Like the fallout from Pearl Harbor which led to the radiological decimation of Hiroshima and Nagasaki, the consequences of Sept. 11 has signaled a dramatically altered world where small nations quiver lest they be labeled as “terrorist supporters”. But while World War II was one with a lid, Bush’s “War on Terror” is so fluid, so broad and so nebulous, it could continue for as long as America sees fit.
The aftermath of Sept. 11 has witnessed a sea change in international politics with much of the world cowed by the superpower’s new policies of preemption, disregard for international treaties and norms, and threats to turn the UN into an empty debating society. Some of those who tried to buck this new world order, such as France and Germany seem to have decided to put their countries’ interests first in a spirit of pragmatism.
Others like Russia and China are still unknown quantities, which could be paying mere lip service to cooperation with the US while carefully planning future strategies.
The Arab world appears to be in disarray with some states hanging onto America’s lapels and others grudgingly doing the Bush administration’s bidding. While Libya — once designated by the West as a rogue state — has thrown in the towel along with its WMD program, Syria refuses to abandon its support of Hezbollah and Palestinian militants risking American-led political and economic sanctions and, perhaps, worse.
Britain’s Premier Tony Blair has jumped onto the Bush bandwagon with unprecedented zeal, basking in the reflected glory of America’s neoimperialistic might. In a recent speech defending his reasoning for war, he made no apologies about the continued absence of Iraq’s WMD and dismissed challenges to the invasion’s legality in an almost cavalier fashion.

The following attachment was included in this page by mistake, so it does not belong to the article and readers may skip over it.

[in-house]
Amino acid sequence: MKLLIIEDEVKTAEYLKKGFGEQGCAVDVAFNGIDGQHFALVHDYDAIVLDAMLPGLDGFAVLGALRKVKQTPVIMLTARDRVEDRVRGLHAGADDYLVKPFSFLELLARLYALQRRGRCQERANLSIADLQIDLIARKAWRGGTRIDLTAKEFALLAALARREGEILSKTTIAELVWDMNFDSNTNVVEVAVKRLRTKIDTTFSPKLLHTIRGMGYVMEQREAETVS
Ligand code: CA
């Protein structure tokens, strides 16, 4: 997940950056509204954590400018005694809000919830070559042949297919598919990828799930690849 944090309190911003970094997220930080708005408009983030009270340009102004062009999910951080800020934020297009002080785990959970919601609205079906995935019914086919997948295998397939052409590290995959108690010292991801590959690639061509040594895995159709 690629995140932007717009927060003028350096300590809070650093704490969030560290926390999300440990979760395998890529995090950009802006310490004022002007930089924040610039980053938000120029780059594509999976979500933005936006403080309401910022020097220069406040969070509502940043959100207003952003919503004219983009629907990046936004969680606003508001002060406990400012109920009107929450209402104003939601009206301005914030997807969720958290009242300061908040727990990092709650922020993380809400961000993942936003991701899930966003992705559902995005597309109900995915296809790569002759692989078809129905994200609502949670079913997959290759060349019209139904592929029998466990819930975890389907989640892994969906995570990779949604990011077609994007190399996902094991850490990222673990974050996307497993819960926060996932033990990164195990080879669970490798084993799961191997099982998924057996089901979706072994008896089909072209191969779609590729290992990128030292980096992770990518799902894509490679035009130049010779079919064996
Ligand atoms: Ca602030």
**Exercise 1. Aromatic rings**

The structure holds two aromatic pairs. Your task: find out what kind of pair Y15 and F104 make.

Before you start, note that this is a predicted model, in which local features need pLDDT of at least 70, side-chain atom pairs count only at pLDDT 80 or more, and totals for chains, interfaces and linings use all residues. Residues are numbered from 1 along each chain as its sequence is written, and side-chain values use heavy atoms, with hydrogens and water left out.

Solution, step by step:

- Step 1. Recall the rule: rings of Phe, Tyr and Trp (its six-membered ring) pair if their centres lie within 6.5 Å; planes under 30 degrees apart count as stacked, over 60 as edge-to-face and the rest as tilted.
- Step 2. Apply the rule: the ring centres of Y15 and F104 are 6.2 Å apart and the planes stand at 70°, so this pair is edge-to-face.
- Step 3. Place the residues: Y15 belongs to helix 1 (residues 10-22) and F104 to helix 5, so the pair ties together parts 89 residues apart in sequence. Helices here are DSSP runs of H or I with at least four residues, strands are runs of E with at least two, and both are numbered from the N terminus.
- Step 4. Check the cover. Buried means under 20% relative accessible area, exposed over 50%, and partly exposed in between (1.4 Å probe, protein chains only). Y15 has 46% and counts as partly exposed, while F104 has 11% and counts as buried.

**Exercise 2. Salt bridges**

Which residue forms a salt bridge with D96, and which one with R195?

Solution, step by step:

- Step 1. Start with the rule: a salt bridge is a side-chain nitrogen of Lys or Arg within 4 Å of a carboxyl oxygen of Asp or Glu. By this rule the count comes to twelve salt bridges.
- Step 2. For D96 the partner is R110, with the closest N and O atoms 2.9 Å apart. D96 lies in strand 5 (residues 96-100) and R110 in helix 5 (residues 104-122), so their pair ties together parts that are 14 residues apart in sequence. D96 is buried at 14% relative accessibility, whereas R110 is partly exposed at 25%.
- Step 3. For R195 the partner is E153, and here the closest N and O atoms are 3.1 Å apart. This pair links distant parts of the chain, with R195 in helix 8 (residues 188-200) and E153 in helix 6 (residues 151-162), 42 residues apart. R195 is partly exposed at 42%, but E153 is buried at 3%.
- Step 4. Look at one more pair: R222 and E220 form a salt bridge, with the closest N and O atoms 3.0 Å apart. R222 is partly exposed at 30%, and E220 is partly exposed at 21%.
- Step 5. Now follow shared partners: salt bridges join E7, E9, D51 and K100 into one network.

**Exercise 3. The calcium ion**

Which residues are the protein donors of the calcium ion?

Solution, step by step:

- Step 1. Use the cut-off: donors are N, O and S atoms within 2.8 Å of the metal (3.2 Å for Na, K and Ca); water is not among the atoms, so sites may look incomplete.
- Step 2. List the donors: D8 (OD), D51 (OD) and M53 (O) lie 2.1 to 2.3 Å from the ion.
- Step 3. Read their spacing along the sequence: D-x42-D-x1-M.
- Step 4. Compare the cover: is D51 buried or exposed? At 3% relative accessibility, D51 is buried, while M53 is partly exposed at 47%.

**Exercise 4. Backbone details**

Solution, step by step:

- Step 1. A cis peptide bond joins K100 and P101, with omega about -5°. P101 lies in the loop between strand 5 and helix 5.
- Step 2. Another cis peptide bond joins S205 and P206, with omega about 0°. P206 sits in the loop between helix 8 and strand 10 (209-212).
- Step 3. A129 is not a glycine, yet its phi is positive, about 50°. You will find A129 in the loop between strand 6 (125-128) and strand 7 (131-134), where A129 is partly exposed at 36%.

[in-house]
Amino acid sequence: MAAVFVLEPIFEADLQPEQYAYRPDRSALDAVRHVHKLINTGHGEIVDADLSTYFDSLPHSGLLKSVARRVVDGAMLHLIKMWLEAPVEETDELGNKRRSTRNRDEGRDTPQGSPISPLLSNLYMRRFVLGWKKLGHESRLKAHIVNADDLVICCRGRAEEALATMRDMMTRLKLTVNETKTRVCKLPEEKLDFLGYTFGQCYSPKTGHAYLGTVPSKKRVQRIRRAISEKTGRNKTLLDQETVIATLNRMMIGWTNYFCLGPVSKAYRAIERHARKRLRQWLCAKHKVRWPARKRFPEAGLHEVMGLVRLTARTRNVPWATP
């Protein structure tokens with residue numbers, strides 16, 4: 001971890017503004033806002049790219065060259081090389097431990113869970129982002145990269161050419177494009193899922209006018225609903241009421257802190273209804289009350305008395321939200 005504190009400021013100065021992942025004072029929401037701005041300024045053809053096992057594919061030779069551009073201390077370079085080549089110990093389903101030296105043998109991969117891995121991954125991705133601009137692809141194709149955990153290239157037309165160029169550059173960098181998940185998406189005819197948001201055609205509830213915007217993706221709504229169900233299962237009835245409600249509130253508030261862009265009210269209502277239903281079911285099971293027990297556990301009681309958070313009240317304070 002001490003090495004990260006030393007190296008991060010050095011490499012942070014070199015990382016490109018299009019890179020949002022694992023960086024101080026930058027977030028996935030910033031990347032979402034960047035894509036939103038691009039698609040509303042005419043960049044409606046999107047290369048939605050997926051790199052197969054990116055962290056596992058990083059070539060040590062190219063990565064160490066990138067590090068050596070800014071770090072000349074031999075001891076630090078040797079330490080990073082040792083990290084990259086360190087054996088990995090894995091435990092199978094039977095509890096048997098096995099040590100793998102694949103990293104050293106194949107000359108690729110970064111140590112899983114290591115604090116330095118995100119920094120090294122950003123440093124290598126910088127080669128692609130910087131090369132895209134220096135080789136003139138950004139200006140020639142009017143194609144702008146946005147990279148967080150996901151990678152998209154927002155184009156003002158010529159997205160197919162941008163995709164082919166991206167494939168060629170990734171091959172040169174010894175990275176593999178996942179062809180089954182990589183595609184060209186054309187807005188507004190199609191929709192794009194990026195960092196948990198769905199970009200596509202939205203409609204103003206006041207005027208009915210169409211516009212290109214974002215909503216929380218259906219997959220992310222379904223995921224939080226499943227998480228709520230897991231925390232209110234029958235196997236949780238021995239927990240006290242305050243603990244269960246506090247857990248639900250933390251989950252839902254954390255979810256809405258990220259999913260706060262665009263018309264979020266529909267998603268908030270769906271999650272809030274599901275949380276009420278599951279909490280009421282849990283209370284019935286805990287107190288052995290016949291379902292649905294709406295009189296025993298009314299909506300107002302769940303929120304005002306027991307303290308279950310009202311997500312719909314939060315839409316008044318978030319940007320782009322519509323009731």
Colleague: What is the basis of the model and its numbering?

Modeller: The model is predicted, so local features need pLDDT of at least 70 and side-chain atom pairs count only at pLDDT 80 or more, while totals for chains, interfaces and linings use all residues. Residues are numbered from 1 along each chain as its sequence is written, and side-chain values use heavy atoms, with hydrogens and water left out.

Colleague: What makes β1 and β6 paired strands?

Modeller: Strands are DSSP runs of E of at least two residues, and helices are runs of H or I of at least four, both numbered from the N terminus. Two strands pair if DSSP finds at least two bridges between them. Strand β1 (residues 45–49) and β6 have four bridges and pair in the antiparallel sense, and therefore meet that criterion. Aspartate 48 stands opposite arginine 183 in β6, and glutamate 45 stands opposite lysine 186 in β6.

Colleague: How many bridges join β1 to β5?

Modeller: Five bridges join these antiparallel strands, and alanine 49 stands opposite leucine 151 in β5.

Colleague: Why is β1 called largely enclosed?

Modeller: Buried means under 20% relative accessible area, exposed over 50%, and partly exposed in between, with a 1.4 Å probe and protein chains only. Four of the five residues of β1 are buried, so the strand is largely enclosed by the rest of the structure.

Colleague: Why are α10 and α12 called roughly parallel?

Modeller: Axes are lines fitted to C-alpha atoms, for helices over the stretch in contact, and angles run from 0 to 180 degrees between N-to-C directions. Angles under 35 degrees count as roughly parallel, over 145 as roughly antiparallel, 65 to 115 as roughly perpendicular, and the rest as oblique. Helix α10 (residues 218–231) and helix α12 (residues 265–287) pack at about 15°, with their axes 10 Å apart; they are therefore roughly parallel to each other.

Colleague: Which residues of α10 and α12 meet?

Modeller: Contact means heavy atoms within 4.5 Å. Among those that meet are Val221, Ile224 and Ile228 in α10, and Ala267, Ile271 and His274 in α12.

Mirroring his US mentor by invoking Sept. 11, Blair said: “The threat we face is not conventional. It is a challenge of a different nature from anything the world has faced before. It is to the world’s security, what globalization is to the world’s economy. It was defined not by Iraq but by Sept. 11th. Sept. 11th did not create the threat Saddam posed. But it altered critically the balance of risk as to whether to deal with it or simply carry on, however imperfectly, trying to contain it.”
For those who believe that a policy of addressing global injustices, a spirit of international brotherhood and cooperation in the face of adversity along with a “hearts and minds” component would have reduced the terrorist threat, Blair’s words were chilling.
Some three thousand lost their lives on Sept. 11, 2001 and many more have died in subsequent conflicts waged with that day’s standard flying.
If the American public succumbs to “tug at the heartstrings” advertising — paid for out of the Bush administration’s $100 million plus electioneering chest — how much more blood is likely to be spilled in the name of fighting terror and how much more global power and influence will the US be allowed to grab, still donning the ever fraying garb of Sept. 11 righteousness?
— Linda S. Heard is a specialist commentator on Middle East affairs and welcomes feedback at email@example.com